There are consistent similarities in the reportings of the public press and also in letters to the editor. I've noted this consistency due to my broad based knowledge. I normally do not keep notes on what I read, see or hear, but rather expand new information to my inherent knowledge. As a frequent public speaker, my only question is: What's the subject and how long do I have to speak? In the past, I also had a weekly TV show for years that responded to all questions from the viewing public. I've also spoken to the hierarchy in many countries, universities, Wall Street, etc. and was published in thousands of editorials at all levels in the U.S. and internationally. I also shared my ever-growing knowledge base with the many organizations whose boards I was part of. As a consequence, the awards and acknowledgments are far too numerous to list, etc.
The Independent's attack goes back at least a quarter of a century to the time the former management of The Times attempted their cowardly tricks on me. I challenged them, thus the reason this sickness continues. The Independent is giving a sicko image to the legitimate publications in the Acadiana area. I will gladly debate The Independent management publicly in a no-holds-barred arena. I've yet to be bested in a public debate, but at age 76, I may not be as skillful as I once was. There's one way to find out!
In essence, I do not knowingly use published information. I'm blessed with a recall memory base about everything I'm involved with, but not necessarily the sources. So, I'm probably guilty of using public information that I'm able to recall from my memory base. And I would also like to note that I couldn't recall reading anything in The Independent that was memorable information. When the news is slow, The Independent does a hatchet job on someone. It was my turn once more.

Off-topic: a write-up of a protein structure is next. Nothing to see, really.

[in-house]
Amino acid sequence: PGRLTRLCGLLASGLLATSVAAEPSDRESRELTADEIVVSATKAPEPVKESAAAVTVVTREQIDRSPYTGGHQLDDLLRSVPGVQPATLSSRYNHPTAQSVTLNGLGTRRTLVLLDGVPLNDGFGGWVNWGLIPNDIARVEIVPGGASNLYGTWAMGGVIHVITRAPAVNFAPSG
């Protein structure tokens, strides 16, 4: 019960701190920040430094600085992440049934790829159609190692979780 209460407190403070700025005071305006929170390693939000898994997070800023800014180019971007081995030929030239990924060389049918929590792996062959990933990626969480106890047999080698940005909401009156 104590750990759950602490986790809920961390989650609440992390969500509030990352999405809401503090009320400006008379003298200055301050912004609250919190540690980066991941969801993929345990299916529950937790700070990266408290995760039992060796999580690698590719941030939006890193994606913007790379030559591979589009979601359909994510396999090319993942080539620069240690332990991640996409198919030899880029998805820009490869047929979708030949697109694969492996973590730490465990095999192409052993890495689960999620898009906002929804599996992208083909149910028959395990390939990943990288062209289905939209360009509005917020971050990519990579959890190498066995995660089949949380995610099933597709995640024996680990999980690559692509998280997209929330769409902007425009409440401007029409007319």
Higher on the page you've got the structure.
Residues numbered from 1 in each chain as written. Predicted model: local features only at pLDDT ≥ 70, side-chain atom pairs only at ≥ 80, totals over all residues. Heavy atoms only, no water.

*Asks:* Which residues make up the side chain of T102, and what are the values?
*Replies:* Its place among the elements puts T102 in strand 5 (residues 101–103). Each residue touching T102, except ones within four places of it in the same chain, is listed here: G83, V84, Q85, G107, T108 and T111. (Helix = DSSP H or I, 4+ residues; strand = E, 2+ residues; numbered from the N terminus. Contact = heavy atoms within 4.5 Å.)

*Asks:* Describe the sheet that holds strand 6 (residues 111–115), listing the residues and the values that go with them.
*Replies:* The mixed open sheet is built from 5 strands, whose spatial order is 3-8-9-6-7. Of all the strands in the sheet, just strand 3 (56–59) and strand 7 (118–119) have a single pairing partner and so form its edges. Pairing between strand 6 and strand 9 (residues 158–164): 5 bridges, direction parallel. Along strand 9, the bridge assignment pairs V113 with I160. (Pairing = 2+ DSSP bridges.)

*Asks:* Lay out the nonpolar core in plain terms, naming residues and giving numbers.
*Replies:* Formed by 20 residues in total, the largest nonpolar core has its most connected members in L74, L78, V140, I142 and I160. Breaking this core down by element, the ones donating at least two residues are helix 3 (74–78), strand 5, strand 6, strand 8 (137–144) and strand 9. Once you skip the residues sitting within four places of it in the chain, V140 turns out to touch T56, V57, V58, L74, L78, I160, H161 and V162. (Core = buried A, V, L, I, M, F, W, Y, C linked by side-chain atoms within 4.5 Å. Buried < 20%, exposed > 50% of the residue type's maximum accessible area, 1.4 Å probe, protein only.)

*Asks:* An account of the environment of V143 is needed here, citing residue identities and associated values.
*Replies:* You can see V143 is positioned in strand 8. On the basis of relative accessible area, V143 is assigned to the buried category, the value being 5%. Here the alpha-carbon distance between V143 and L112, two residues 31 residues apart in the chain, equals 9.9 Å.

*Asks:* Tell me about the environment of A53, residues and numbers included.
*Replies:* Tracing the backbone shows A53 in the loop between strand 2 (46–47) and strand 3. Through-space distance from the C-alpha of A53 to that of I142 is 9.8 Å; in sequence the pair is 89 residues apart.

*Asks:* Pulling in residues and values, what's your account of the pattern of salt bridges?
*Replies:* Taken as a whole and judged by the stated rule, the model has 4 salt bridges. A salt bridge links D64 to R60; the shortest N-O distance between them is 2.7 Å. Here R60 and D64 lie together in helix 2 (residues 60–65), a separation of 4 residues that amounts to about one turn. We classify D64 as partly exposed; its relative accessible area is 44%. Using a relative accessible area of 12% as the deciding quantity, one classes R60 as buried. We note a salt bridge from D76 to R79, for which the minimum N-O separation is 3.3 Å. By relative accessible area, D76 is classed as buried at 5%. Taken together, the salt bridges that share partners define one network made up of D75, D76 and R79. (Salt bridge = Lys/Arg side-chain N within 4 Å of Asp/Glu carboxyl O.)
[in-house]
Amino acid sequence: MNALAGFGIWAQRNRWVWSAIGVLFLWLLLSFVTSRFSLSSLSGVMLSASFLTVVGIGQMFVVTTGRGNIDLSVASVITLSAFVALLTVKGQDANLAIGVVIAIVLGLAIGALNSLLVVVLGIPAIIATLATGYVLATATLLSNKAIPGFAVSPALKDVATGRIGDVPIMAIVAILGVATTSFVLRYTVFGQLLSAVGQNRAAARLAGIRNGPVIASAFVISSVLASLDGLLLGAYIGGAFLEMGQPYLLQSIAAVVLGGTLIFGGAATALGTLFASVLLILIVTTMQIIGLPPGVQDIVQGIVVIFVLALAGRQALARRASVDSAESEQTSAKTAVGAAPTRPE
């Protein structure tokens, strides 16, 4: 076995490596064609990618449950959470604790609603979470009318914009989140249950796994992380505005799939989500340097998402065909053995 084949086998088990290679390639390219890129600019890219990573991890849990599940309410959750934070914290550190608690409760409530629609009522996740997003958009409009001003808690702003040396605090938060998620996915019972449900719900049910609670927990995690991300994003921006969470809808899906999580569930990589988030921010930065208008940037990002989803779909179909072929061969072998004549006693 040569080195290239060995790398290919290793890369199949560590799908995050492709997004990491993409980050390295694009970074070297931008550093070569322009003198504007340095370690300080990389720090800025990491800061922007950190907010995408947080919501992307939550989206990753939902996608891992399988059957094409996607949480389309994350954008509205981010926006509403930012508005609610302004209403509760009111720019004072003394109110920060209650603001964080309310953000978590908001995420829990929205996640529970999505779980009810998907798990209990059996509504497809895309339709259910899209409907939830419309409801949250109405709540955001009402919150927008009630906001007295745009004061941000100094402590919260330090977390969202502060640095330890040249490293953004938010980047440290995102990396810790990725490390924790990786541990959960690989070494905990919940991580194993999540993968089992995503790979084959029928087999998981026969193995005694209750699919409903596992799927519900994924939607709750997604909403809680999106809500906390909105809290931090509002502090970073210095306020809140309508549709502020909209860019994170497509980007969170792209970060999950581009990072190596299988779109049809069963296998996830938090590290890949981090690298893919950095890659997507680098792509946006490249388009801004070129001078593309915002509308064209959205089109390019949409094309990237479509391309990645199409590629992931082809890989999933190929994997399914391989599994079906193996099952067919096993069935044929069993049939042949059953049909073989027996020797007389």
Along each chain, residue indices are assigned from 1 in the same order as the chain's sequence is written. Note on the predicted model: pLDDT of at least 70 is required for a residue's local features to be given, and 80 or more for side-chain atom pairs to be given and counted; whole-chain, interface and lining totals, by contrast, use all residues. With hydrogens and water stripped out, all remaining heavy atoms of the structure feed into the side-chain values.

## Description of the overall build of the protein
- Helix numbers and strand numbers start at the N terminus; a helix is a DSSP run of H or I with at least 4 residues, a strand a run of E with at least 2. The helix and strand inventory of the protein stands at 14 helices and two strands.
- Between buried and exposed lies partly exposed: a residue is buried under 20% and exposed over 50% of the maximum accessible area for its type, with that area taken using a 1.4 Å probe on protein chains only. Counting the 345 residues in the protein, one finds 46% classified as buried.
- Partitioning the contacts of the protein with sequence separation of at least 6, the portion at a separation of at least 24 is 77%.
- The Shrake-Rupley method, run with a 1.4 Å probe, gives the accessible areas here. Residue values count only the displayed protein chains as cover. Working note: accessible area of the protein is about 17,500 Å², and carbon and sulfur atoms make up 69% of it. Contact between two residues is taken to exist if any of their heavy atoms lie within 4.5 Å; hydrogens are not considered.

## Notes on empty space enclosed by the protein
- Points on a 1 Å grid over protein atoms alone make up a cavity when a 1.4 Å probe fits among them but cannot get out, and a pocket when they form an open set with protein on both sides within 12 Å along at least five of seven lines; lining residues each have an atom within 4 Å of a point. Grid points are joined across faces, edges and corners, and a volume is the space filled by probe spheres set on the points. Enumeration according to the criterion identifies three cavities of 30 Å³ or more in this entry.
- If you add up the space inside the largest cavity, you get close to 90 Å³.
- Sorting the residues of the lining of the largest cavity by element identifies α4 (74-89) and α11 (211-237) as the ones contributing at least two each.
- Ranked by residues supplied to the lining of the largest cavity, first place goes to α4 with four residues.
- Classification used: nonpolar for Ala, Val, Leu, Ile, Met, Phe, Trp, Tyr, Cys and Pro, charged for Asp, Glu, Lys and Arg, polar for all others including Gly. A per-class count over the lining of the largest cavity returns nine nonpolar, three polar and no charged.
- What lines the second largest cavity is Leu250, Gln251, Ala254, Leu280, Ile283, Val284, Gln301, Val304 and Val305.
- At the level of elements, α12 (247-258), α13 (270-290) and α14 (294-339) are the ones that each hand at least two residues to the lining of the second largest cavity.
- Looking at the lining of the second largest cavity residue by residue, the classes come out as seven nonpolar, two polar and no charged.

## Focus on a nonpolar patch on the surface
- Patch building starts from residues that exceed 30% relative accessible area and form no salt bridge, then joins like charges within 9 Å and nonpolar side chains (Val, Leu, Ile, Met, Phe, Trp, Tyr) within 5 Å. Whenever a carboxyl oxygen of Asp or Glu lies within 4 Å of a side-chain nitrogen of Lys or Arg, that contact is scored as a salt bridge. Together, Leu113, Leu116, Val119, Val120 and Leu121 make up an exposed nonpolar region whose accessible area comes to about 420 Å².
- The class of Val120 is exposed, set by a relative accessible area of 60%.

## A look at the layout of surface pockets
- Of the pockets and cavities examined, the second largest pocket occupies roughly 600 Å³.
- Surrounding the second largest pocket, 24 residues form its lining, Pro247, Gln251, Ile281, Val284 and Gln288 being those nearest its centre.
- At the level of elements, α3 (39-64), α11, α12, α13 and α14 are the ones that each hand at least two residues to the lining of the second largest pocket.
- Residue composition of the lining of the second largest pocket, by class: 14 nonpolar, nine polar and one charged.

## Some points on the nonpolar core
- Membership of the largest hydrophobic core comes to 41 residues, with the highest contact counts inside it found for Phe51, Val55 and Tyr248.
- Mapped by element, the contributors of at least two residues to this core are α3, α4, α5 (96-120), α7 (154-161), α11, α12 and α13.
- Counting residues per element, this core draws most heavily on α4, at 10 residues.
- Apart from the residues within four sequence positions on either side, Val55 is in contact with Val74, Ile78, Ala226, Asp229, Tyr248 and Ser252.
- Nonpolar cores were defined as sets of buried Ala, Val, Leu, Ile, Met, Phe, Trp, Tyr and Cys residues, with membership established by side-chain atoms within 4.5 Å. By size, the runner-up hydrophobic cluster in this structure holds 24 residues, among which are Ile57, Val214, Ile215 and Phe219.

Unlike past letters to the editor that Berard has submitted to The Daily Advertiser, we're quite certain that the preceding letter is entirely Berard's own creation. ' Ed.
The agency previously had said the program raked in more than the $200 million used to balance the budget, but hadn't given a final tally of what was collected and what still was available for spending.
The board is scheduled to vote Friday on proposals from Alleva to make 150 different changes to prices for tickets and parking across university sports events.
It took a unanimous vote of the Youngsville City Council this week to compel Mayor Wilson Viator to pay some $7,500 in bills to a host of vendors used by the city’s fire department, some of whom hadn’t been paid in months.
America is lost, says state Sen. Elbert Guillory, and that’s the reason he’ll be running for Lieutenant Gov. come 2015.
Here's your daily look at late-breaking national and international news, upcoming events and the stories that will be talked about Friday, December 13, 2013:
The Louisiana Supreme Court has punted on its first chance to decide whether a new state constitutional provision declaring gun possession a fundamental right could void a long list of criminal statutes that regulate firearms.